Tentative UAW Contracts a Win-Win for All Parties, but Some Workers are Saying, No Deal

Tentative UAW Contracts a Win-Win for All Parties, but Some Workers are Saying, No Deal

Photo courtesy of Shutterstock & Luigi Morris
October 30, 2023 (With November 14th updates) — The dust is still settling from the recent tentative settlements between the United Auto Workers union and the Detroit Three automakers. Still, initial details reflect agreements that may be a win-win for both sides following a 40+ day strike costing automakers approximately $10 billion combined.

Terms of the new contracts show UAW members getting huge pay increases, increased job protections while the Detroit Three avoid fundamentally higher cost infrastructures that would have threatened their futures. 

Here’s what we do know. UAW members will receive 25% compounded raises over the next 41/2 years, including an 11% jump once the contracts are ratified; better profit-sharing bonuses, increased 401k automaker contributions into employee retirement accounts; and reinstitution of the cost-of-living adjustments; and the ending of the two-tier wage system.

Ratification should be a slam dunk, but some UAW members have complained on message boards and social media about the settlements and say they will vote against the tentative deals. 

(UPDATE: November 14th — General Motors is running into a possible buzz saw as 68% of the assembly workers at the plant in Spring Hill, TN voted against the deal, as did 61% in Lansing’s Delta plant, 56% at the Toledo propulsion facility, and 57% at Tonawanda’s engine plant, and 51.8% at GM’s Flint truck plant. At least 21% of GM’s 46,000 UAW employees have voted no so far.

Meanwhile, workers at Ford’s Kentucky plant also voted no.

Votes for approving the contracts still are in the majority for both automakers, but GM’s recent trend is beginning to raise questions. We could see a situation in which one or two of the automakers’ employees will not ratify the deal. A no vote for one automaker will not impact the deals other automakers have agreed to.

Ford UAW Vote Tracker — updated hourly

General Motors UAW Vote Tracker — updated hourly

Stellantis UAW Vote Tracker — updated hourly

Despite an unusually combative and public negotiation process, the parties avoided a protracted and costly strike.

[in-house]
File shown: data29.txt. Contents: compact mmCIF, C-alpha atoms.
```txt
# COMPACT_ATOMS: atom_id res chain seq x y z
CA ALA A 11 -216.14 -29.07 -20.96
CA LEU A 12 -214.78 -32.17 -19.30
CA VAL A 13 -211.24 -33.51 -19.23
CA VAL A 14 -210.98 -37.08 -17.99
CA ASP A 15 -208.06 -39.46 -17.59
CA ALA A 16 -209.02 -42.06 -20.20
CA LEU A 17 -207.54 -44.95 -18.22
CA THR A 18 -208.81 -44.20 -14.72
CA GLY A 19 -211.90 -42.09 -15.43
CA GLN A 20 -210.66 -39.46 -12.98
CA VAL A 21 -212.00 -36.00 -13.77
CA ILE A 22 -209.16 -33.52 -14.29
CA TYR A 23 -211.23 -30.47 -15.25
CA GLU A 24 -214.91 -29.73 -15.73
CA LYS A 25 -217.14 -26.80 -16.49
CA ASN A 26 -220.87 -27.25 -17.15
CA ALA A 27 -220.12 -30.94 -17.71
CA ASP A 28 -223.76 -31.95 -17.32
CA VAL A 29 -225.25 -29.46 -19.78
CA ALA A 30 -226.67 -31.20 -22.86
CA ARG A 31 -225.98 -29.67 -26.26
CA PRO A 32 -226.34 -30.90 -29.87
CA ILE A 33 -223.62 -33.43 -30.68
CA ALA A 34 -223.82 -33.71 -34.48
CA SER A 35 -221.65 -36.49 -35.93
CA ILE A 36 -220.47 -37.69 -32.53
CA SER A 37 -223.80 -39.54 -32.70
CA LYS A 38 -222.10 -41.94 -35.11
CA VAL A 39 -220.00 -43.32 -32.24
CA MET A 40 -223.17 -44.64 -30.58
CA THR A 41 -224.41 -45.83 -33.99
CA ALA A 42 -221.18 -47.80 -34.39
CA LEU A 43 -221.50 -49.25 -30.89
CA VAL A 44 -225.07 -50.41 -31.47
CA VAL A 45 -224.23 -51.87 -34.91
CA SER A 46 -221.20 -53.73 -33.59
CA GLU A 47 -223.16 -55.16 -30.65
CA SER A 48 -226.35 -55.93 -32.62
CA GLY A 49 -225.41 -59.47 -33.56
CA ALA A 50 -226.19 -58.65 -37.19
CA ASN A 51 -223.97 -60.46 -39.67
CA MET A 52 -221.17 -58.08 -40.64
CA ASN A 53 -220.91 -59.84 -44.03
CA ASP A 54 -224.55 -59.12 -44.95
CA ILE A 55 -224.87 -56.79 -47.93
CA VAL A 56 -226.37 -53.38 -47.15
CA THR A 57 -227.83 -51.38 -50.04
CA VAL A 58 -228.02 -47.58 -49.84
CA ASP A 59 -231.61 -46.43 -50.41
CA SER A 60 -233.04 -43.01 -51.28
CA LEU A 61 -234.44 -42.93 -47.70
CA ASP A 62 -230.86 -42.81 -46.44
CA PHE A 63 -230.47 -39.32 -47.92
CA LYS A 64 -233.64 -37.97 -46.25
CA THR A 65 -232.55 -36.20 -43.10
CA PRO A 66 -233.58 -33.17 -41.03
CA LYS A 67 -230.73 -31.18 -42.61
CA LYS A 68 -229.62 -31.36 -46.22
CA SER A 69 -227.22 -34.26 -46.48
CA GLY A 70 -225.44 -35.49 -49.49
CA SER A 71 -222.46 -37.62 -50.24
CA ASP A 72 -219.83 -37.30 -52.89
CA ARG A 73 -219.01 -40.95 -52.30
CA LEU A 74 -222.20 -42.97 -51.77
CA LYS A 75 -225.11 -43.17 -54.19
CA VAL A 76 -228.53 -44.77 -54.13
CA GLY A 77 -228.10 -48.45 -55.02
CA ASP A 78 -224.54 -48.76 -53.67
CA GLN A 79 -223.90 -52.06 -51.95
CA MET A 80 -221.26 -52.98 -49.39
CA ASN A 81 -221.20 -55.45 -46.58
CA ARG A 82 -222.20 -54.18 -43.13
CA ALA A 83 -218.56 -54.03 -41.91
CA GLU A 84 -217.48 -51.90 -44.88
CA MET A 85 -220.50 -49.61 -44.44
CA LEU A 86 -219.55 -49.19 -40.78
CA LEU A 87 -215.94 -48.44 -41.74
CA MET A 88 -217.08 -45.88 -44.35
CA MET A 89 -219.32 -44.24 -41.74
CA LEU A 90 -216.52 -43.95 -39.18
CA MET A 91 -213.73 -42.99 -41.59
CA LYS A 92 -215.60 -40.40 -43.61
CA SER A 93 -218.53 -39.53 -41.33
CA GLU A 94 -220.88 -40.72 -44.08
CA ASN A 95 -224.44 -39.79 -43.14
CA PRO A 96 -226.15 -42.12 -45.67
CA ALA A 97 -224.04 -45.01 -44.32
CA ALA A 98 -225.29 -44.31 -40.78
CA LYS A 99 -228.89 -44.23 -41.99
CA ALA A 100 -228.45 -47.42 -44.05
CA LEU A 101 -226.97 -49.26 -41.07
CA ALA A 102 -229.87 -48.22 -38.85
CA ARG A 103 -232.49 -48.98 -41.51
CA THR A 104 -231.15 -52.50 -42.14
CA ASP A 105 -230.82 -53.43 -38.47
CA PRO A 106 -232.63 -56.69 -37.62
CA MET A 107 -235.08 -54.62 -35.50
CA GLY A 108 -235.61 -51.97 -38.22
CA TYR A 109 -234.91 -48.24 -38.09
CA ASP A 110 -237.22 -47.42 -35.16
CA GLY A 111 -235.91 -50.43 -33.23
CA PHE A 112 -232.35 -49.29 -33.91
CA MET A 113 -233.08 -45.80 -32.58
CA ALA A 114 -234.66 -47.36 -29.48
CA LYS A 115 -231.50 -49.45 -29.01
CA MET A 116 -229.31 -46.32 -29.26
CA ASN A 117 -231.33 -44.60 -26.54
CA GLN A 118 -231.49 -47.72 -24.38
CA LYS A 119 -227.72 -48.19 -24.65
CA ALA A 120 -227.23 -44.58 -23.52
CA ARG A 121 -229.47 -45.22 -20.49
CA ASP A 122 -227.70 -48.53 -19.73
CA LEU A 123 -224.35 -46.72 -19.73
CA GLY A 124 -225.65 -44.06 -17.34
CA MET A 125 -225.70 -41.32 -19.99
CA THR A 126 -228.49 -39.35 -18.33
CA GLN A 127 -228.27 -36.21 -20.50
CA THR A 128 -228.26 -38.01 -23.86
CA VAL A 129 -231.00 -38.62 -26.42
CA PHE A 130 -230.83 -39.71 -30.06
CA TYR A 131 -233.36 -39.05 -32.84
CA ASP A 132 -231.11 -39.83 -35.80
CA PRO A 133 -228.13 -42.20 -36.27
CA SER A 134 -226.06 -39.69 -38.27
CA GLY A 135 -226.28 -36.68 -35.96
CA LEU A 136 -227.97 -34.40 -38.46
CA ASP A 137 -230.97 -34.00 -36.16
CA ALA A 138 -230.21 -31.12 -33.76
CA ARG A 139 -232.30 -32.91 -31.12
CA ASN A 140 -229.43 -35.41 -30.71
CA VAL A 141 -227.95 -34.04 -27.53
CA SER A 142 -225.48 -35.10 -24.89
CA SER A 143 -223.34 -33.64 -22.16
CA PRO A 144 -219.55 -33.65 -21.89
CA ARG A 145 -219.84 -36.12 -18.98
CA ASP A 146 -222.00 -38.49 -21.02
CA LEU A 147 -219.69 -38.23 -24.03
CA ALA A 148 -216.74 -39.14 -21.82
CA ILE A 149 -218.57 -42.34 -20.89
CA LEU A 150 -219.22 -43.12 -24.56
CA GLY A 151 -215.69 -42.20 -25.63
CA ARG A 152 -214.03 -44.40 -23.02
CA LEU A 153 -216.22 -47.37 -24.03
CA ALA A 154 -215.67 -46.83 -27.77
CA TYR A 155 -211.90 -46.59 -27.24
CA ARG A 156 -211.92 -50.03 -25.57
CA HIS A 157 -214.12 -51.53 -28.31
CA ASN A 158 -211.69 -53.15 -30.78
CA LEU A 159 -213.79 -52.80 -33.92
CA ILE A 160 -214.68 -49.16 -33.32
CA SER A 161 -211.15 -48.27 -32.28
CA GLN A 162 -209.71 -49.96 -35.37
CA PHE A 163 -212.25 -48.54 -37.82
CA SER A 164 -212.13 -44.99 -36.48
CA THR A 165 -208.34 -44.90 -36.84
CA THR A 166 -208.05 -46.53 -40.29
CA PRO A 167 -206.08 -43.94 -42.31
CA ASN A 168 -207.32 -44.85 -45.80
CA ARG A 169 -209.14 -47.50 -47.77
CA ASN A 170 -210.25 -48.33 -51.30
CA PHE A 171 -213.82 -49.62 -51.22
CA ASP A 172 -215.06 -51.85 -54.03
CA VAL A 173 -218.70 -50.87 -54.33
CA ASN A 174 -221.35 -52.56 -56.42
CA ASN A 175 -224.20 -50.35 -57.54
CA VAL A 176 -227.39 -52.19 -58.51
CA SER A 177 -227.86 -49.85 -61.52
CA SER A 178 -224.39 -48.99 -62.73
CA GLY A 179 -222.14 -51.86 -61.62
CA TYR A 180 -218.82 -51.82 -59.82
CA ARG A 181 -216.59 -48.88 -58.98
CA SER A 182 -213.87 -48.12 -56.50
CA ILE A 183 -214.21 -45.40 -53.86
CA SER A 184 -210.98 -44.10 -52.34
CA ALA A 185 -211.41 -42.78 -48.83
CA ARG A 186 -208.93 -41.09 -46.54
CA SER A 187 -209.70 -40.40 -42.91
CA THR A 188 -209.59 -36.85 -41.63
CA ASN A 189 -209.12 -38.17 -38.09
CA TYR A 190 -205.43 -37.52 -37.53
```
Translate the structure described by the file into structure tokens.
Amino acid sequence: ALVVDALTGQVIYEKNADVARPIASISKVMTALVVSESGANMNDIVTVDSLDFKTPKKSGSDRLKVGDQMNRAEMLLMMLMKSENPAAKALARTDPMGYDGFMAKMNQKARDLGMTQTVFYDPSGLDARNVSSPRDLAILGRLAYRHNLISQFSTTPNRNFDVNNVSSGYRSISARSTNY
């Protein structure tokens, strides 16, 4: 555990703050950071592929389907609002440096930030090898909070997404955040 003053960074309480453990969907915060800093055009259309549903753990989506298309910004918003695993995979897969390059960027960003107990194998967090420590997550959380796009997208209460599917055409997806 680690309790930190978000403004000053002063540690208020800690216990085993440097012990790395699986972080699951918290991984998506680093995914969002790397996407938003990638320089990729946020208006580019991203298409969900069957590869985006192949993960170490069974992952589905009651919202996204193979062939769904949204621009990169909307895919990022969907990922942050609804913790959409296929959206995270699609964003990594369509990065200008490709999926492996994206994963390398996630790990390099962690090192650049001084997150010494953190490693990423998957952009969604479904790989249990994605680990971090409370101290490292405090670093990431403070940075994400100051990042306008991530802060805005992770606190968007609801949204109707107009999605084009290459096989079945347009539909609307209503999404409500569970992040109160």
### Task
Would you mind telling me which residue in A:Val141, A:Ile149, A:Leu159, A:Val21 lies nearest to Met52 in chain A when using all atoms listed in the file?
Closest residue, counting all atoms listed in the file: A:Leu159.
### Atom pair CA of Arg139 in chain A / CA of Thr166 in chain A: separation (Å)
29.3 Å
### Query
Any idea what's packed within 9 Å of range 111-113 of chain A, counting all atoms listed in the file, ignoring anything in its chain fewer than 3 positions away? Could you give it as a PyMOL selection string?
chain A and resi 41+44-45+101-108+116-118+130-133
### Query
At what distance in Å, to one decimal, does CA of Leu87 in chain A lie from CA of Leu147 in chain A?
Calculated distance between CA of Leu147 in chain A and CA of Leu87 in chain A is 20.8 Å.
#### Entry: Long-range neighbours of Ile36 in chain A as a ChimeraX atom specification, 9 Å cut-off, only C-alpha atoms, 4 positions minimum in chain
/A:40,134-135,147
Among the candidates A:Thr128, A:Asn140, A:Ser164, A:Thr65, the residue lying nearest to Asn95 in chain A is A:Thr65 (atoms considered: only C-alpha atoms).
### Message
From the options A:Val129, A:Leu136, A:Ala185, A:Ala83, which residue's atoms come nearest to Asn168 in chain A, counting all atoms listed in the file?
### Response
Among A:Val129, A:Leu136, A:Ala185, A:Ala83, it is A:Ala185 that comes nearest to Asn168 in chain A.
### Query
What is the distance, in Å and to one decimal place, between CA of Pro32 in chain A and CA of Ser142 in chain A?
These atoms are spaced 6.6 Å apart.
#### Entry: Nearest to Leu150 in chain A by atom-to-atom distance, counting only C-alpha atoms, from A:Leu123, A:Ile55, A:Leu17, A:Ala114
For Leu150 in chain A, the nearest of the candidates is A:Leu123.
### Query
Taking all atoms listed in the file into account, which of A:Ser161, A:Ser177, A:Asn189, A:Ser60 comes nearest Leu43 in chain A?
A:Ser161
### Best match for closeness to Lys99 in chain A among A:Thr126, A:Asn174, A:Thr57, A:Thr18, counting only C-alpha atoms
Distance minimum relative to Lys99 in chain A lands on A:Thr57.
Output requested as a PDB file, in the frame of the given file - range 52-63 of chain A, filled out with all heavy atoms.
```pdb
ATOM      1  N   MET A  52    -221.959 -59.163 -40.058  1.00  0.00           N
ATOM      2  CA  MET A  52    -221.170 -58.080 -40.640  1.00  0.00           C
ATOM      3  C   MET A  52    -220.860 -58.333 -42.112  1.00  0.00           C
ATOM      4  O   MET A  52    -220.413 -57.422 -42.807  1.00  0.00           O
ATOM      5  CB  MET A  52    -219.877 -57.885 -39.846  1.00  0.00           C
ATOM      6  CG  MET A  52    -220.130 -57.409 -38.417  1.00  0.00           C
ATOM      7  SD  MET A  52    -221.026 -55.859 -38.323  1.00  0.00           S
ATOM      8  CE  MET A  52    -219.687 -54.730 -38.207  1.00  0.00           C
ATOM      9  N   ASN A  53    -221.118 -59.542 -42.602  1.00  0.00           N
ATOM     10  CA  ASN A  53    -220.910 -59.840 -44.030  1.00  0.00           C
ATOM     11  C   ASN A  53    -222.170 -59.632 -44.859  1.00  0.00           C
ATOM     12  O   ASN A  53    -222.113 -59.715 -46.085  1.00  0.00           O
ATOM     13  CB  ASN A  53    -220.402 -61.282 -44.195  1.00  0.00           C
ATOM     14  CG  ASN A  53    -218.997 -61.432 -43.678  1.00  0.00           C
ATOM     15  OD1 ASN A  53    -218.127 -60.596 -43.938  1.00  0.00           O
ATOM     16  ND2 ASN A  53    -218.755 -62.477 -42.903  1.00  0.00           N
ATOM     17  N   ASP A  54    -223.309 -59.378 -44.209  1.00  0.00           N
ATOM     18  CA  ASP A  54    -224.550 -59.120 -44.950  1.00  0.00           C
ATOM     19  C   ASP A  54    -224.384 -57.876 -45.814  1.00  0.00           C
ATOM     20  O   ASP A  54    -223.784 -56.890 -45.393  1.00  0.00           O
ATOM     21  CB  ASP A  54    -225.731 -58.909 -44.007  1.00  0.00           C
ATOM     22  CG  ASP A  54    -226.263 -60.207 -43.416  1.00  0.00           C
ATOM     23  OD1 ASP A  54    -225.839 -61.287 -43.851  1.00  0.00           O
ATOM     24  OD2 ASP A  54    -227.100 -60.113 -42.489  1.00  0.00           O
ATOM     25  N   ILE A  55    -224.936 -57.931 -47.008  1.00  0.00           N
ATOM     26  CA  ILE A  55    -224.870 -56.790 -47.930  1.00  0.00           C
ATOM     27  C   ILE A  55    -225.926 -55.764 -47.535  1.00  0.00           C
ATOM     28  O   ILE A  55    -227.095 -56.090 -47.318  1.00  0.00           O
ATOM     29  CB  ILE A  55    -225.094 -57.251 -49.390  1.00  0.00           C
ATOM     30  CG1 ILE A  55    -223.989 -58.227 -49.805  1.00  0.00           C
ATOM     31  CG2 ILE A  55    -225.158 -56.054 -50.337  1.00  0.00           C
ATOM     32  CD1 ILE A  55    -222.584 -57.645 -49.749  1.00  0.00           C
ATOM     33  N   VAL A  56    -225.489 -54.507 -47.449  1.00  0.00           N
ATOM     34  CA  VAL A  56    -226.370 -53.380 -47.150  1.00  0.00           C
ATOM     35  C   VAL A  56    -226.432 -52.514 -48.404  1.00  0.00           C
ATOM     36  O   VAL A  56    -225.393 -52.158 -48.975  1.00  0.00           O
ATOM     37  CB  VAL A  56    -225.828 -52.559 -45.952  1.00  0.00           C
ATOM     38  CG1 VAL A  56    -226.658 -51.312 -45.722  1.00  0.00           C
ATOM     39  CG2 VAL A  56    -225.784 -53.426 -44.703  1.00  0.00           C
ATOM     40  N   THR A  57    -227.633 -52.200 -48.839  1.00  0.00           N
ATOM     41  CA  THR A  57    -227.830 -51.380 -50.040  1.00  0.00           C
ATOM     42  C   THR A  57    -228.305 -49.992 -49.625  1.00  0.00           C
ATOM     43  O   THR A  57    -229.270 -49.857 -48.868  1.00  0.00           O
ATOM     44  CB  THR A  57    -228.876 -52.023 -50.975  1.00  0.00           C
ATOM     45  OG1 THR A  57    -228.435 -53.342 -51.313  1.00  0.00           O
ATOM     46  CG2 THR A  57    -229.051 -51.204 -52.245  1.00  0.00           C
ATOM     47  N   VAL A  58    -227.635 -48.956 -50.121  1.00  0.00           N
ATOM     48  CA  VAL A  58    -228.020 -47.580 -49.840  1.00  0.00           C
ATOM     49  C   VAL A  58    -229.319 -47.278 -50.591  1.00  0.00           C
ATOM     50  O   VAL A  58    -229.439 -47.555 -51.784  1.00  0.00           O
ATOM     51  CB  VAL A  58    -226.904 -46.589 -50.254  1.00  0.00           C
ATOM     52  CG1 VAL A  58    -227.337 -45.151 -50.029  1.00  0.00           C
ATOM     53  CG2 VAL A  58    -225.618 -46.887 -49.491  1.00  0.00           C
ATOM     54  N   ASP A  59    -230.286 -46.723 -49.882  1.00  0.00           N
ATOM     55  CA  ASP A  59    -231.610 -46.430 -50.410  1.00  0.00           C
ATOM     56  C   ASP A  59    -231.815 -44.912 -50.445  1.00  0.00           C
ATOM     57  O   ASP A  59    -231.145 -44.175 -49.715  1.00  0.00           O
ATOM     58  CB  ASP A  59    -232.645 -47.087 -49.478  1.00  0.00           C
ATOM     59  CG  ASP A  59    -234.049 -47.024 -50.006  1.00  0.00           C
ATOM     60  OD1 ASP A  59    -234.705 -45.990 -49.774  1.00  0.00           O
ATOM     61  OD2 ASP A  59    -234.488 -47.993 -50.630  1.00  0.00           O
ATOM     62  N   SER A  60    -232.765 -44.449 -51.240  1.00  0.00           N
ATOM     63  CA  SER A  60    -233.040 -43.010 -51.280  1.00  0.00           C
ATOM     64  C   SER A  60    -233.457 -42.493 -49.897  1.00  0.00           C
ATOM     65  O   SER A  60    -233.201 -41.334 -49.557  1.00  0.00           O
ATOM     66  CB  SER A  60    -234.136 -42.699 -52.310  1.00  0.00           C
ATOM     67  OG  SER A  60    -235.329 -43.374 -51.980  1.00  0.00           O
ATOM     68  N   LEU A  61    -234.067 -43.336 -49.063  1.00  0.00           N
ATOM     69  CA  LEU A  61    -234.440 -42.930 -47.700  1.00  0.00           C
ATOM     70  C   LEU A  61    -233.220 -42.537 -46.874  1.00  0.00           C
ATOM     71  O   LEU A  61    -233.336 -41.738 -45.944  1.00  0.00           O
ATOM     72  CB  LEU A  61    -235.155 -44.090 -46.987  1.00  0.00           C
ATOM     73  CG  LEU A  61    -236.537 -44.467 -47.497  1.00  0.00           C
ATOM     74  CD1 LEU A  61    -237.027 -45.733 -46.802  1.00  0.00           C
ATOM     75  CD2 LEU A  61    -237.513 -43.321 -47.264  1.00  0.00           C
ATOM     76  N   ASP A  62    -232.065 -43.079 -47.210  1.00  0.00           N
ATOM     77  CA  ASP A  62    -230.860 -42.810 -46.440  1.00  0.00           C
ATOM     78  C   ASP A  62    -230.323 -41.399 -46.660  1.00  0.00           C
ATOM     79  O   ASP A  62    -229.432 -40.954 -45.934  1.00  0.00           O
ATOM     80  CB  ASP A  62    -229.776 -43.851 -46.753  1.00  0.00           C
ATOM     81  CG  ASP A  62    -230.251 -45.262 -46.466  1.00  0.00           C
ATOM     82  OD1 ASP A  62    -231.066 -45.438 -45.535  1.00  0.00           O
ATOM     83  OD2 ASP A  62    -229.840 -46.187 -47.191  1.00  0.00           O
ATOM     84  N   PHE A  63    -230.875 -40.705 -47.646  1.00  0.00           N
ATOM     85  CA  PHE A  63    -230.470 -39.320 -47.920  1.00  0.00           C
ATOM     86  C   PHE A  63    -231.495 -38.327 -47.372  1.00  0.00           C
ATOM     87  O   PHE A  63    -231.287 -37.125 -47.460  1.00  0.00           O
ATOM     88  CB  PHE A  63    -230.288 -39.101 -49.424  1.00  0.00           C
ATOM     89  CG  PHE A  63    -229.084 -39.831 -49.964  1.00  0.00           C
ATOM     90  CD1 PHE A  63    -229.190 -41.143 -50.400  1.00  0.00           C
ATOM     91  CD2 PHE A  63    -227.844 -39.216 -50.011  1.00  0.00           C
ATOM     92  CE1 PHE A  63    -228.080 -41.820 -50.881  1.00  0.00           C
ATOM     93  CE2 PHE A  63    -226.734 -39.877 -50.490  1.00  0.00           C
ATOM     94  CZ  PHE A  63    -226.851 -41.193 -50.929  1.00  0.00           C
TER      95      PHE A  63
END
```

No doubt, UAW President Shawn Fain’s tactics, which blew apart historical norms, frustrated Detroit Three leadership. And his targeted strategy applied enough pressure on the OEMs to force them to agree to much richer terms than they had planned. 

Instead of calling for all of the UAW 146,000 workers to strike simultaneously, targeted and limited strikes mitigated the financial damage to the automakers, suppliers, and dealers. 

Furthermore, the parties were able to craft agreements that helped them dodge elements that could have proved harmful.

Below are the highlights:

Additional Cost Impact

The overall financial fallout from the new contracts may not be as damaging as once feared. Based on comments from Ford CFO John Lawler, the automaker estimates the new contract will add between $850 to $900 to its per unit labor costs. 

Stellantis and General Motors executives have not yet assigned a number to increased production costs, but their estimates will likely be similar to Ford’s. 

Other analysts have said the increased costs will push car prices up. Maybe not. That $900 figure should be a manageable cost for Ford (and the others). And whether it adds to the total sales price is debatable.

Vehicle prices move up and down all the time based on market conditions. And prices have been coming down as inventory continues to climb — down nearly 3% this year.

Additionally, if an OEM were to burden the customer with those extra costs, spreading that $900 across a five- to seven-year loan makes it less of an issue.

The Detroit Three have significant wiggle room to adjust those costs – all are still hugely profitable. And they may even drive more profit the next couple of years as they decrease/delay their investments in EVs. 

Battery Plant Employees

Whether the new master contracts would include employees at the various joint venture battery plants was a contentious sticking point in the negotiations. 

The UAW won big here. General Motors conceded for employees at GM’s two joint venture battery plants in Ohio and Tennessee managed by Ultium Cells immediately to be part of the master agreement.

For Ford’s two planned battery plants – in Kentucky and Michigan – when they come online (maybe a better word is, if), the JV companies managing the plants will license employees from Ford to work in those plants (essentially gaining “transfer rights” for UAW-represented employees). 

Although not a guarantee, Ford and the UAW likely will work out a plan for employees at future plants as they come online to have UAW representation. Stellantis likely will follow a similar pattern. 

This approach provides needed flexibility to the automakers while giving the UAW what it wants — protection for its members from job reductions.

Moving Plants Offshore (Mexico)

The agreement may make it harder for the Detroit Three to move plants to Mexico. As part of the new contract, Stellantis will reopen its Belvidere plant instead of shutting it down, while also adding 5,000 jobs there. 

According to language in the Ford contract, the automaker’s employees will have the right to strike over potential plant closures. (we’re still waiting to see whether GM and Stellantis include a similar concession). 

This concession, at a minimum, gives the UAW some say in whether an OEM can or should close a plant. 

Read what we wrote in early July about the then pending UAW negotiations. Get Ready to Rumble

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